Tall Firs is a former ball golf course that is legitimately converted to disc golf, and they did as good of a job as they could with the space and vegetation available to them. Would play this over a ball golf course with baskets on it any day of the week.
Definitely worth checking out, I'd love to see more courses like this pop up!
5 of 5 people found this review helpful.
It's tall fir one, and one fir tall
7 Helpful / 0 Not
Pros: Look, I know John Houck gets more than his share of love. He's the only designer that I or many other players could even name. But he got that reputation for a reason, and it shows here. This is a former ball golf course that easily could have been turned into a crappy, unimaginative course.
Hole 13 is the best example of this. I would not have thought to take this massive portion of the course and make it one hole, but it's a great multi-throw hole. Your drive needs a hyzer between some of the signature tall firs to the landing area, and all-out distance will not necessarily be rewarded. Then there is a left-to right angling fairway to the pin on a ridge and behind a guardian tree. On, and the fairway slopes downhill toward a pond. There aren't a lot of 900-foot holes that I would applaud, but this is one of them.
Other fun holes include 3 (a long drive down an alley of the firs) and 10 (a forehand with two routes to a basket on a hill). As always with his designs, holes tend to have landing zones, so you need to think where you want to put the disc, not just how far you can bomb it.
There are two concrete tees on most holes. I played both. The blues do more than just add distance, usually forcing a drive between several trees or making a turn more difficult.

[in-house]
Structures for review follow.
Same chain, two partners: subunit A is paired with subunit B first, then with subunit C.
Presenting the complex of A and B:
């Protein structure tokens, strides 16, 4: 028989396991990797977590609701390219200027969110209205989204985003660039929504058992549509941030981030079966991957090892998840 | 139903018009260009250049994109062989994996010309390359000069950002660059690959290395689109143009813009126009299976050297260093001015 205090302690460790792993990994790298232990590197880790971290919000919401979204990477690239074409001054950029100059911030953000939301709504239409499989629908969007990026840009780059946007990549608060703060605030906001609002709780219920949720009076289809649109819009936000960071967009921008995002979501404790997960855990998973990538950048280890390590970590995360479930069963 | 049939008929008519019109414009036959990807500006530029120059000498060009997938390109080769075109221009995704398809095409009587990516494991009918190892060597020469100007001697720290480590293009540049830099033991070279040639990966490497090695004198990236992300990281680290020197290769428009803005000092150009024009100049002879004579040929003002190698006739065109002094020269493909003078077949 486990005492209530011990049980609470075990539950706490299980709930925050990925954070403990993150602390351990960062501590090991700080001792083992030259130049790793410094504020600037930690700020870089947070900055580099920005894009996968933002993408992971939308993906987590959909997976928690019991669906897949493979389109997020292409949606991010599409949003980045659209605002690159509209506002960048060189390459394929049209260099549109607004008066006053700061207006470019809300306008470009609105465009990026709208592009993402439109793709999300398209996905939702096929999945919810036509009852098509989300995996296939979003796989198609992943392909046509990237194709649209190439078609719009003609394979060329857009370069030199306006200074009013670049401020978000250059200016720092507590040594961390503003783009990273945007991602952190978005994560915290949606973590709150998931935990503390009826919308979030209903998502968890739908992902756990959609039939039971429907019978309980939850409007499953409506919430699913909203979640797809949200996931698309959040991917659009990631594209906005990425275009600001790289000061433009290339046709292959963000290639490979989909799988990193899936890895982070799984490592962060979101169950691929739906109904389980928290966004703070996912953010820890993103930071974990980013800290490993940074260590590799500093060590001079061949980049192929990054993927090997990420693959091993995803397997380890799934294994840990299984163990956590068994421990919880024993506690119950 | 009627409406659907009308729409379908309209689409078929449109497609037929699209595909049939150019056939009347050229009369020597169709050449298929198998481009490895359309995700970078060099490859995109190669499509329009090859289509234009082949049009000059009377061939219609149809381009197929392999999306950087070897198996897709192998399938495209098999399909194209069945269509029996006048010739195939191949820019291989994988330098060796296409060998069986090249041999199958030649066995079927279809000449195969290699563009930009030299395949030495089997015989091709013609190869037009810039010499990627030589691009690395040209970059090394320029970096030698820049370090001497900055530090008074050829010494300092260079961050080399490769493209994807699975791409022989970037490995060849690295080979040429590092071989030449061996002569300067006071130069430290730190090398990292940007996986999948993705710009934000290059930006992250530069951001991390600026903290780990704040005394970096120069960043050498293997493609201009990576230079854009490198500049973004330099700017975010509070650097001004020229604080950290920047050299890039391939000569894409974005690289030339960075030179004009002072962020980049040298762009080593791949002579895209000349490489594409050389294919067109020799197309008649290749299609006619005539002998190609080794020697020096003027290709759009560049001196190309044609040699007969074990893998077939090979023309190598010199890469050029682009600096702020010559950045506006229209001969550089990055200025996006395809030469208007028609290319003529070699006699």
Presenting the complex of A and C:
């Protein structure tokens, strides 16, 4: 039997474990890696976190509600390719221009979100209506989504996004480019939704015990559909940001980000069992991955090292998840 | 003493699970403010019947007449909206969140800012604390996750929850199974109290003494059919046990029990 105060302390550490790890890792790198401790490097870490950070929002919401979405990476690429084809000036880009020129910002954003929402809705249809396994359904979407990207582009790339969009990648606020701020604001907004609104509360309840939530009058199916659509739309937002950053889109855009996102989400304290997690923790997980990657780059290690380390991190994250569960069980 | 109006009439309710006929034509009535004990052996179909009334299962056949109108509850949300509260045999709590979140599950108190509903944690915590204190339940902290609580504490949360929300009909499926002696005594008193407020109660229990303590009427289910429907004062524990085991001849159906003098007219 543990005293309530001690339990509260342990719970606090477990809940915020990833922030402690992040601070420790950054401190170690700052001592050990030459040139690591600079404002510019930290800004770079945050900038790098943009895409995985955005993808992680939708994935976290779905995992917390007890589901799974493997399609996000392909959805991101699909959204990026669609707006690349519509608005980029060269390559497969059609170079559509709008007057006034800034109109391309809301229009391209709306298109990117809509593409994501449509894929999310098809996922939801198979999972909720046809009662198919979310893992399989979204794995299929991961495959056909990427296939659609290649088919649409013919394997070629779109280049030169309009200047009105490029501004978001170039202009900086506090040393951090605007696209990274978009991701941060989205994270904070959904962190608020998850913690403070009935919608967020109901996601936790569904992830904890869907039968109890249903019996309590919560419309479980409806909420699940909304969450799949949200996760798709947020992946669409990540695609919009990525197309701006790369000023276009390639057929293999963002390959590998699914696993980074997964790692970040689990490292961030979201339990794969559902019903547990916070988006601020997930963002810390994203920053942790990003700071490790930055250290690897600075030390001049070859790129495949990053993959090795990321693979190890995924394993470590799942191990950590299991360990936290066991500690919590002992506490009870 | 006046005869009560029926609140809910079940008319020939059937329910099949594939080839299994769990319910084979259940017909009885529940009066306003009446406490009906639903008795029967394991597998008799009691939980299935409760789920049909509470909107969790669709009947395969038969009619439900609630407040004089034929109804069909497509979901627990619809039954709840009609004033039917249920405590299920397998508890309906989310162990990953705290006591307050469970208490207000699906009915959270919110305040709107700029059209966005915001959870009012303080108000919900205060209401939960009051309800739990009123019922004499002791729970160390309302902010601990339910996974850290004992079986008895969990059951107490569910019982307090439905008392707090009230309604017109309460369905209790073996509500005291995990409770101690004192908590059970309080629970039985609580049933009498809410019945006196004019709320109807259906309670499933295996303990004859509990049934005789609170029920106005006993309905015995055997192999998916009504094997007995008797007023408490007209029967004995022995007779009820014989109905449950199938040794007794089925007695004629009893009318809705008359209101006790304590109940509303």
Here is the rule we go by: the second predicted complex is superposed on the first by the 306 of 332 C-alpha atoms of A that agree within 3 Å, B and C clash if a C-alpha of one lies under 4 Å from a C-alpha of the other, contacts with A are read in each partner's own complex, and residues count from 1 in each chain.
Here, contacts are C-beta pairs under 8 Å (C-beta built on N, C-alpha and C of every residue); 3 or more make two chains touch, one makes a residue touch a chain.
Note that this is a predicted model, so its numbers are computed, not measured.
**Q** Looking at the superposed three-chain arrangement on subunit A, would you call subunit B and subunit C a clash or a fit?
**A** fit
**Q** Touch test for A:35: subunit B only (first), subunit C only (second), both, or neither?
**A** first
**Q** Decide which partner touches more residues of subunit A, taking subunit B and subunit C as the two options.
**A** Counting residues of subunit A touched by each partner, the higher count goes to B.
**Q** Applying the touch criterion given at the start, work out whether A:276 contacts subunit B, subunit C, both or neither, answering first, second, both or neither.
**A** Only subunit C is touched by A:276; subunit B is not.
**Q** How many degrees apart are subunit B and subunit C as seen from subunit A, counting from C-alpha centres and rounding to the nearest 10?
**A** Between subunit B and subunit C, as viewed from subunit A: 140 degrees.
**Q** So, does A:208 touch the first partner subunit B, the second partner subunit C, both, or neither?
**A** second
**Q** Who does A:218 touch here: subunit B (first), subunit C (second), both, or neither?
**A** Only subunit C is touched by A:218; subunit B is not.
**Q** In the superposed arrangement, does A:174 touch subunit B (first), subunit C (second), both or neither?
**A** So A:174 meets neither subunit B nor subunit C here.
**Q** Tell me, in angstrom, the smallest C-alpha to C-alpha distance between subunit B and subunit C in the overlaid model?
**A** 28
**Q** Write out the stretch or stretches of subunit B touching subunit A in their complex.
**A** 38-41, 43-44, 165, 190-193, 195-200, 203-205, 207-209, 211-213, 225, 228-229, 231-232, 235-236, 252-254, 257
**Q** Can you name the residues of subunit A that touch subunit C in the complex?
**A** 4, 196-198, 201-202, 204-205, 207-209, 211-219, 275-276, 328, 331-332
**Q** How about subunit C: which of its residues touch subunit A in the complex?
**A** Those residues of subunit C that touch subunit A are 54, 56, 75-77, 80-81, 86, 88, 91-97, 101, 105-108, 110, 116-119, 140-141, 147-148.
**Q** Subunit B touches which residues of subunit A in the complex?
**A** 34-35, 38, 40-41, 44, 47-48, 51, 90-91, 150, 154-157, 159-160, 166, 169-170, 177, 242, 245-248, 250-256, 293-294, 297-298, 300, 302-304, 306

The course generally avoids the most boring hole in disc golf: the 350' semi-open hole. The majority of players will never birdie that hole and rarely bogey it, making it a real yawn. I don't remember any of them here.
The signage is the type you see on most Houck courses, showing all the ways to get to the hole.
Cons: A lot of the course is fairly open. They have planted coniferous trees in the fairways. They are generally tall enough so that you can't throw right over them, but not enough to dramatically change the hole.
The limited size and the openness also limit the impact of great design in some spots. While I like the mix of long multi-throw holes (550+) and short holes (under 300), there seemed to be more than a few really short holes shoe horned in.
One hole I have mixed feelings on: 15. It's a very short (175' or so) downhill shot, but the basket is just past a little ridge that leads down to a lake. Losing a disc here seems pretty likely if you play enough. That said, I really had to think whether I could trust a forehand hyzer or backhand hyzer to lay down, and you could do a wimpy lay up for 3 if you were really worried about it.
Other Thoughts: The pro shop sells good beer that you can carry with you (no bringing your own) and has complimentary water and coffee.
I struggled with whether to give this 3.0 or 3.5. When the trees grow in 5-10 years from now, it will be a different course. For now, they made the most of what they have, and it's well worth a visit.
7 of 7 people found this review helpful.
A fine addition to a play list
4 Helpful / 0 Not